Formaldehyde. The word alone recalls memories of the Hurricane Katrina victims housed in FEMA trailers and sickened by the “off-gassing” or vaporization of formaldehyde gas from the plywood and pressboard used in the trailers’ construction.
If you think only trailer park residents are affected by off-gassing, guess again.
Formaldehyde is found in pressed wood (plywood, particle board, and medium-density fiberboard), cosmetics, permanent-press clothing and draperies, glues and adhesives, and some paints and coating products. Furniture and housing construction materials are the biggest source of formaldehyde exposure, so there’s a good chance that your child’s crib, your low-cost bookshelves, and countertops, and cabinetry all contain formaldehyde. While older furnishings may contain formaldehyde, the good news is that the majority of off-gassing occurs in the first two years of product life and older furnishings and materials do not pose a health threat.
The bad news is that formaldehyde is recognized as a carcinogen by the International Agency for Research on Cancer and the Environmental Protection Agency (EPA) recognizes that exposure to high levels (above 0.1 parts per million ppm) of formaldehyde can cause watery eyes, burning sensations in the eyes and throat, nausea, and difficulty in breathing; the EPA notes that in homes with significant amounts of new pressed-wood products, these levels can be greater than 0.3 ppm.
In July 2010, President Obama signed into law The Formaldehyde Standards for Composite Wood Products Act. This act establishes standards for formaldehyde in composite-wood products. The EPA now is writing the rules for the law and sorting out how to enforce the law, which will comply with California’s standards. California stores can sell furniture and cabinetry with formaldehyde limits that surpass the legal limits until Dec. 31, 2011. Some manufacturers are complying in advance of the law and their products are marked as meeting “sustainable” standards.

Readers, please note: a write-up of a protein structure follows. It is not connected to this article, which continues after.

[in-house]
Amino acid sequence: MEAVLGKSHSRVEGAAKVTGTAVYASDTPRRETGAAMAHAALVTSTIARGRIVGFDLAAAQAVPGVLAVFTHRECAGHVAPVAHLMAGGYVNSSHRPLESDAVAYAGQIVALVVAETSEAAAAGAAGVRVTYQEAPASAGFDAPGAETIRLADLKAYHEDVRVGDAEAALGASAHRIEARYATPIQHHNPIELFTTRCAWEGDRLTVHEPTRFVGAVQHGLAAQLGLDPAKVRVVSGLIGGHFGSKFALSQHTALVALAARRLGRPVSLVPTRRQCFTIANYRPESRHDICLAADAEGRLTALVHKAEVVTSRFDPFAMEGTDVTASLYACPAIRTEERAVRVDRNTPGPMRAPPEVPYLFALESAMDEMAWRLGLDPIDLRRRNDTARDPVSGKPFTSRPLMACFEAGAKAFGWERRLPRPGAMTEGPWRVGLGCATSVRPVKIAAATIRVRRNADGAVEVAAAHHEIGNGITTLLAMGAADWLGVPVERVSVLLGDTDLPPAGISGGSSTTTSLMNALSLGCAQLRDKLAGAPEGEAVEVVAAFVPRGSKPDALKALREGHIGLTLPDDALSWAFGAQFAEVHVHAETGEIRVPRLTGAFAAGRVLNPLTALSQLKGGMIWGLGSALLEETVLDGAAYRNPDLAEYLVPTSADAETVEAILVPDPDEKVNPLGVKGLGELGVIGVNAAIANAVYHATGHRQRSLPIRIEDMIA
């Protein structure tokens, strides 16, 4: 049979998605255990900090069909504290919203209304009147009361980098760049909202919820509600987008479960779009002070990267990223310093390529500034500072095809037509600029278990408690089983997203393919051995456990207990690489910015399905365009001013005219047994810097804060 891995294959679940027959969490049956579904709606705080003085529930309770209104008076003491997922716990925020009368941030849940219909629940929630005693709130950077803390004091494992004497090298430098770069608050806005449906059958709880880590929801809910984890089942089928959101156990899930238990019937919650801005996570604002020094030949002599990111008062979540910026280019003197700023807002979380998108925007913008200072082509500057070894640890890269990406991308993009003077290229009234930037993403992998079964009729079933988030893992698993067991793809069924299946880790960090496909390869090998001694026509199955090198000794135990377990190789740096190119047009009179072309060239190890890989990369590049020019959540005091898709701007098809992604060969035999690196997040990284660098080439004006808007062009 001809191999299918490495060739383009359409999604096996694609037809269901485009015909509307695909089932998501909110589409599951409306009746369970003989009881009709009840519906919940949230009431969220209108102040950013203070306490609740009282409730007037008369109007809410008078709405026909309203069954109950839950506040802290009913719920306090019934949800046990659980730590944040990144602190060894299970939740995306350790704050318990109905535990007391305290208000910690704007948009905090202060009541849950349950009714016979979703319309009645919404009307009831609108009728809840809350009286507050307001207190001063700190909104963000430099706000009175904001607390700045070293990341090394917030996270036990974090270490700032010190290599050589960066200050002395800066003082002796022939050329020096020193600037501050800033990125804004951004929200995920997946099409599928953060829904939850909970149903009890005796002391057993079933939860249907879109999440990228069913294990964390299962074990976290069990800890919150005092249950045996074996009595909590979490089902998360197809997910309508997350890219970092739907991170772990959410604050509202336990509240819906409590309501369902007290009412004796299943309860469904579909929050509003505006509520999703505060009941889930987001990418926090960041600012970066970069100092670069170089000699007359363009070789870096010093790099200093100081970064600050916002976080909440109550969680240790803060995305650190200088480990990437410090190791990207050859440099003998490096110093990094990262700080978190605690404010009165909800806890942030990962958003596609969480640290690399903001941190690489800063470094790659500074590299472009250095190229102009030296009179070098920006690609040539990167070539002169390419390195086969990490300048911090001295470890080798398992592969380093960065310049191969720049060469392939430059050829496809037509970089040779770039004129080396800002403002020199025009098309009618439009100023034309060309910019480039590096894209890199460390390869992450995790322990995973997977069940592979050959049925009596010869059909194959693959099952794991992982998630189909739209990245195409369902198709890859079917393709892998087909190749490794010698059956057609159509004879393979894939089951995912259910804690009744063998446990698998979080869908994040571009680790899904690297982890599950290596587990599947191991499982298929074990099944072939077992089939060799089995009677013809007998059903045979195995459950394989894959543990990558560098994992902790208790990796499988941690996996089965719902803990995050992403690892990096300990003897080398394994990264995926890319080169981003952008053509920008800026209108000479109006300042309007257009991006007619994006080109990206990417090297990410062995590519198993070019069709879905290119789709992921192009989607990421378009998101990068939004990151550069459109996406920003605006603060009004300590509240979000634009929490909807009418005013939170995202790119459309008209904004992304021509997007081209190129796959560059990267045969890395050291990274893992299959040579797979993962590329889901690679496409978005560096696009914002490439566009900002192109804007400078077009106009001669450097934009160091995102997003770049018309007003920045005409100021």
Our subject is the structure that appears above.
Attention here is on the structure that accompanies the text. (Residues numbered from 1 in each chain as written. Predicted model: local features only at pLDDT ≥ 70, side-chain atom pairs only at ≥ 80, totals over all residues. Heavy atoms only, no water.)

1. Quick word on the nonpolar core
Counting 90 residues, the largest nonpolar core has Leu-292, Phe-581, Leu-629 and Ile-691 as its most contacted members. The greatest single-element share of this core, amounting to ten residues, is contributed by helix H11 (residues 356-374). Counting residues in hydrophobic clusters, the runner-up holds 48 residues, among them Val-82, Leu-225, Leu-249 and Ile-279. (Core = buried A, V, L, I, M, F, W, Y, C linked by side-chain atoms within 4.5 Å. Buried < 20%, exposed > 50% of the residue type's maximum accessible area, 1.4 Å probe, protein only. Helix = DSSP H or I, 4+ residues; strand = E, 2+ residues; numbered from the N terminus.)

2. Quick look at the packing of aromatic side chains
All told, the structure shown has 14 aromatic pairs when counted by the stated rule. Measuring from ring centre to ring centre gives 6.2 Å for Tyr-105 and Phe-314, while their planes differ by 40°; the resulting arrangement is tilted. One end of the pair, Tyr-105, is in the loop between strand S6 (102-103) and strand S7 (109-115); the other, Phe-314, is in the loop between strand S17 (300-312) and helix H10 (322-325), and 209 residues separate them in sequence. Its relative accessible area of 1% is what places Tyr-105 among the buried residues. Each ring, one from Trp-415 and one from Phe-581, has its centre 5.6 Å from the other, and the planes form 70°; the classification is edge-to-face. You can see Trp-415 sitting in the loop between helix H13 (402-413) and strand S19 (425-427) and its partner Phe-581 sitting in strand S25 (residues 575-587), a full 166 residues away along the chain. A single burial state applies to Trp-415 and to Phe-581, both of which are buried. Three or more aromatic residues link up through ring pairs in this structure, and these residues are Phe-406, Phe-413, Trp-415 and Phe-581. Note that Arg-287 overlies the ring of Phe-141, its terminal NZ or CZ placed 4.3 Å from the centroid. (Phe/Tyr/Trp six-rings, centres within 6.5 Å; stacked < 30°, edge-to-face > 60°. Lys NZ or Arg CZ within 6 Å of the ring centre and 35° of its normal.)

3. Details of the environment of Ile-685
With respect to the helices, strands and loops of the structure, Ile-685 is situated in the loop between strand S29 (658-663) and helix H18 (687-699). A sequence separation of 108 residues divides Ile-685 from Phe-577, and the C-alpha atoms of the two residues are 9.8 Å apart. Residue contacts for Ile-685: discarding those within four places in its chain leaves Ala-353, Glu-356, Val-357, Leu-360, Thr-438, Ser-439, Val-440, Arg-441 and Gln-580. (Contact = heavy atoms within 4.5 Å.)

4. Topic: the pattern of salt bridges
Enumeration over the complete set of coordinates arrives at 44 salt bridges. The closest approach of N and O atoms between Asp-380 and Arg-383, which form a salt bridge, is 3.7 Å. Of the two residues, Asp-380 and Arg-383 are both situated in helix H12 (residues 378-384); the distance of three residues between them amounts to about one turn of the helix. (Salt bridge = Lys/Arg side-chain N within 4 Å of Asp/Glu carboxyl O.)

Meanwhile, as you stare around your home and at all the pressboard furniture, the following tips may prevent or mitigate exposure to off-gassing:
* Look for products endorsed by third parties, such as Green Seal, a non-profit that promotes the manufacture of environmentally responsible products (www.greenseal.org).
* Use “exterior-grade” pressed-wood products in your remodeling and do-it-yourself projects and avoid the use of bare pressed-wood products made with urea-formaldehyde resins.
* Use air conditioning and dehumidifiers to maintain moderate temperature and reduce humidity levels; high humidity increases off-gassing.
* Increase ventilation, particularly after bringing new sources of formaldehyde into the home. If possible, allow new furnishings to off-gas outside for several days or weeks.
* Seal existing composite wood/particle board furniture with a non-toxic sealant.
If you want to test your home’s formaldehyde levels, a passive formaldehyde monitor, can be used. The monitor is placed in the home for a set time and mailed back to the vendor for analysis. Search the Internet for “formaldehyde test kit.”